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Old 28th February 2005, 05:39 PM   #21
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Quote:
Originally posted by Yoghourt
Fifth, I sleep on it, then slap my face because I realize I've missed something, and rework the lot
Been there to often

\Jens
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Old 28th February 2005, 05:48 PM   #22
mikeks is offline mikeks  United Kingdom
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Quote:
Originally posted by jacco vermeulen


Mike,

you think that is always superior to a 1-board solution ?


Not always convenient......the same principal can be implemented on a single pcb....e.g: by keeping each module away from the other..
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Old 28th February 2005, 06:09 PM   #23
sam9 is offline sam9  United States
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In a similar thread someone wrote that for amps they put the output section on one PCB which is mounted parrallel to the heatsink and the IS and VAS sections are on another boad that plugs into the output board at 90 deg. This keeps the signal fairly short, the small signal sections stay a little cooler and the 90 deg angle reduces undesired interactions.
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Old 28th February 2005, 06:58 PM   #24
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Sounds like computer building: motherboard and plug-in boards.
Makes amp building more compact, like the Halcro shows.

Not meant ironically, Mark Levinson had a modular amplifier once, with special sota connectors.
That would make repairs a breeze.

Maybe time for a Rubick amplifier, pcb's in all planes.
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Old 28th February 2005, 07:07 PM   #25
mikeks is offline mikeks  United Kingdom
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Quote:
Originally posted by sam9
In a similar thread someone wrote that for amps they put the output section on one PCB which is mounted parrallel to the heatsink and the IS and VAS sections are on another boad that plugs into the output board at 90 deg. This keeps the signal fairly short, the small signal sections stay a little cooler and the 90 deg angle reduces undesired interactions.
Good idea...but the connections would stillhave to be soldered in for secure connection...particularly the feedback loop!
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Old 28th February 2005, 07:17 PM   #26
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Quote:
Originally posted by mikeks


Good idea...but the connections would stillhave to be soldered in for secure connection...particularly the feedback loop!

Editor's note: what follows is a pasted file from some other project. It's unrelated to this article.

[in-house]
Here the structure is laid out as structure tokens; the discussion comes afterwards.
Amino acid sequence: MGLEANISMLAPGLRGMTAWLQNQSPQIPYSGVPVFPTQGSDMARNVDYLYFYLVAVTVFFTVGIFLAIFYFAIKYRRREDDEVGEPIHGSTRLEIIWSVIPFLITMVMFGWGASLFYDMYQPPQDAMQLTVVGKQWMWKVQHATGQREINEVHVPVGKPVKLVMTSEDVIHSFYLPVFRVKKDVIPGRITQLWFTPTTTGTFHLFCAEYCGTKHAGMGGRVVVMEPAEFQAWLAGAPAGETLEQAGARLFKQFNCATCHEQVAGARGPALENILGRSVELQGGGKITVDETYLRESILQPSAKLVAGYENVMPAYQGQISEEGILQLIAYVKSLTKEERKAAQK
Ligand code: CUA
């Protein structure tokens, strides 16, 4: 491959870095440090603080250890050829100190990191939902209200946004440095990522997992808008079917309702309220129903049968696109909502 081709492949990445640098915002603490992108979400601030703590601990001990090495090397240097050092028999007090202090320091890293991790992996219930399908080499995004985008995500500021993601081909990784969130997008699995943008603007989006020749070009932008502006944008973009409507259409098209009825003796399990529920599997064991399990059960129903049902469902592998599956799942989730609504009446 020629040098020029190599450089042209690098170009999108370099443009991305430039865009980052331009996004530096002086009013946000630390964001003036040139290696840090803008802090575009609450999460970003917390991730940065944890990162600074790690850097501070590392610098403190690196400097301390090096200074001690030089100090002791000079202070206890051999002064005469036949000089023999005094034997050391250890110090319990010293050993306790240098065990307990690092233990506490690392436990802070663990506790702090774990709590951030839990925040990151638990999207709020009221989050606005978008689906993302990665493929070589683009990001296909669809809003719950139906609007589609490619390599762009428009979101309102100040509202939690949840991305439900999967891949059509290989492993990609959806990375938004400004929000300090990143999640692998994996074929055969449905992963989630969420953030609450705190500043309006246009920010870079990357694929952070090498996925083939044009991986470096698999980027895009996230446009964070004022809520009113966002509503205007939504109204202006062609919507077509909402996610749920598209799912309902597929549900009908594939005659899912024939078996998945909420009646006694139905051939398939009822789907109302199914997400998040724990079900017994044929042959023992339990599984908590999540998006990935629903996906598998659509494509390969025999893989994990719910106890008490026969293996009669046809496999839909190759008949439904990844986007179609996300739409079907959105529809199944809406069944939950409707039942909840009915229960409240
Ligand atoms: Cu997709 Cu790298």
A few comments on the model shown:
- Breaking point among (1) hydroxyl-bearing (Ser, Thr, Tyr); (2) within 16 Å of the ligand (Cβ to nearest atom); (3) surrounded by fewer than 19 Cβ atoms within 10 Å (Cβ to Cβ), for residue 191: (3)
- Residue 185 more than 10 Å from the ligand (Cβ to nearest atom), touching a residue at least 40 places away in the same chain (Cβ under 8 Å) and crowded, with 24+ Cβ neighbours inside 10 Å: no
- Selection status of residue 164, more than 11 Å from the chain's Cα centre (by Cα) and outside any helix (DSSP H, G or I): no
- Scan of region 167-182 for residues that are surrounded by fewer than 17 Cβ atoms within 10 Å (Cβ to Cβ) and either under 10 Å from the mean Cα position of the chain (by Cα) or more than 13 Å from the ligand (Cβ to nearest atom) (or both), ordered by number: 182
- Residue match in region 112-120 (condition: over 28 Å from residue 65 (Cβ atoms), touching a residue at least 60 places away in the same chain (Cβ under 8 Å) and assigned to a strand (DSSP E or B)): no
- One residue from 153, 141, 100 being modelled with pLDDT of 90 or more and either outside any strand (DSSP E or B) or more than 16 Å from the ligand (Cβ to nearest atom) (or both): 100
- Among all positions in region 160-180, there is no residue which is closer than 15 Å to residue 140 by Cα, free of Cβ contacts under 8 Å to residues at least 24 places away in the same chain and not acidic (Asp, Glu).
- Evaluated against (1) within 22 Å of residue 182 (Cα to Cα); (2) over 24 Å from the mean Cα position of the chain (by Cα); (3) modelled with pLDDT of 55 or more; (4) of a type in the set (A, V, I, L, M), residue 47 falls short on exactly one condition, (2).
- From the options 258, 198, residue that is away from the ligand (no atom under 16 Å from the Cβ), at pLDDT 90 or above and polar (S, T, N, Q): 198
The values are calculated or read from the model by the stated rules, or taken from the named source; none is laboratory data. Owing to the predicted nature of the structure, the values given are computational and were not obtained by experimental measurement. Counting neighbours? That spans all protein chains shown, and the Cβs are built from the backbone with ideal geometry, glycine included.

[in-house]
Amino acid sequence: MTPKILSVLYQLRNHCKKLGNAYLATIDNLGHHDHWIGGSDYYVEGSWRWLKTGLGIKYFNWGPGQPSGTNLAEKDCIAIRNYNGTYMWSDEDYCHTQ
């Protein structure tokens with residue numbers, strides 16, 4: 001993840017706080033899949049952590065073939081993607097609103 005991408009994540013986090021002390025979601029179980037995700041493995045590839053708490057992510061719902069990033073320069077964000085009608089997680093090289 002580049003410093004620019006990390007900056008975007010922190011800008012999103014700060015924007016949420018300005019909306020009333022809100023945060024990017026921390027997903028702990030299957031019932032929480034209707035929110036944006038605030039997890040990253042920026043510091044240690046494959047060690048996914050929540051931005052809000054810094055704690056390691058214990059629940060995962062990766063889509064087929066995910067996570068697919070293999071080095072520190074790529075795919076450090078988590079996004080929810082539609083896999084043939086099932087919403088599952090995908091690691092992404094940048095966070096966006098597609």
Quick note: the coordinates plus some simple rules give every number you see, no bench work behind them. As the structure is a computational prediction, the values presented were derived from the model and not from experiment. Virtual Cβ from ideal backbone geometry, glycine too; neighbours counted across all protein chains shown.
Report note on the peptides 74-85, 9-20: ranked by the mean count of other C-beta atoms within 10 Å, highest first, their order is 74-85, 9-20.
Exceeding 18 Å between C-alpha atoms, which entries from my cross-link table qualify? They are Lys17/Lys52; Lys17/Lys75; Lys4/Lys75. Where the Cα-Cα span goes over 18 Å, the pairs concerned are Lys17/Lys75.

YES!

\Jens
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Old 28th February 2005, 08:35 PM   #27
mikeks is offline mikeks  United Kingdom
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Quote:
Originally posted by jacco vermeulen
Sounds like computer building: motherboard and plug-in boards.
Makes amp building more compact, like the Halcro shows.

Not meant ironically, Mark Levinson had a modular amplifier once, with special sota connectors.
That would make repairs a breeze.

Maybe time for a Rubick amplifier, pcb's in all planes.
May decide to market an amp. consisting of a base in which gain cells of different designs can be purchased and merely plugged in.....

Excellent for subjectivists methinks...

What d'yall think?
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Old 28th February 2005, 10:49 PM   #28
sam9 is offline sam9  United States
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Quote:
May decide to market an amp. consisting of a base in which gain cells of different designs can be purchased and merely plugged in.....
The app notes on the LT1116 (Mosfet auto bias) IC have an example that looks like that. An opamp input section on a mother board then plug in the modules 100W at a time. Obviously the app note is intended to peddle LT products, and I seem to recall the liosted specs didn't seem spectactular, but maybe there's a useful idea in there somewhere.
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Old 12th April 2005, 12:53 PM   #29
mikeks is offline mikeks  United Kingdom
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Quote:
Originally posted by jacco vermeulen

(did anyone ask who the goodlooking on Mike's avitar is yet? )
'Delectable' is her middlename...

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[i]A legend is dead: John Zachary DeLorean.
Oh, the Pope too,i gather, but he had other designs![/B]
True! The last sentence that is...
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Old 22nd January 2007, 02:20 AM   #30
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Hi, Sam9,

I experienced what you described. Due to space limitation, I have input RCA and speaker output terminal at the same side of PCB, and the result is that the channel that is closest to the RCA input is oscilating, while the other channel (far from input RCA) is not oscilating. Both has exactly the same schematic.

Is there any way to fix this problem without redrawing the PCB?

How does the output trace influence the input trace? Is it via the fiber-glass material of the PCB or via air (inductance-radiation)?

If it is via fiber-glass material of the PCB, maybe I can put ground track between input and output tracks, but if it is ramping via inductance-radiation(air), this ground middle track won't help?
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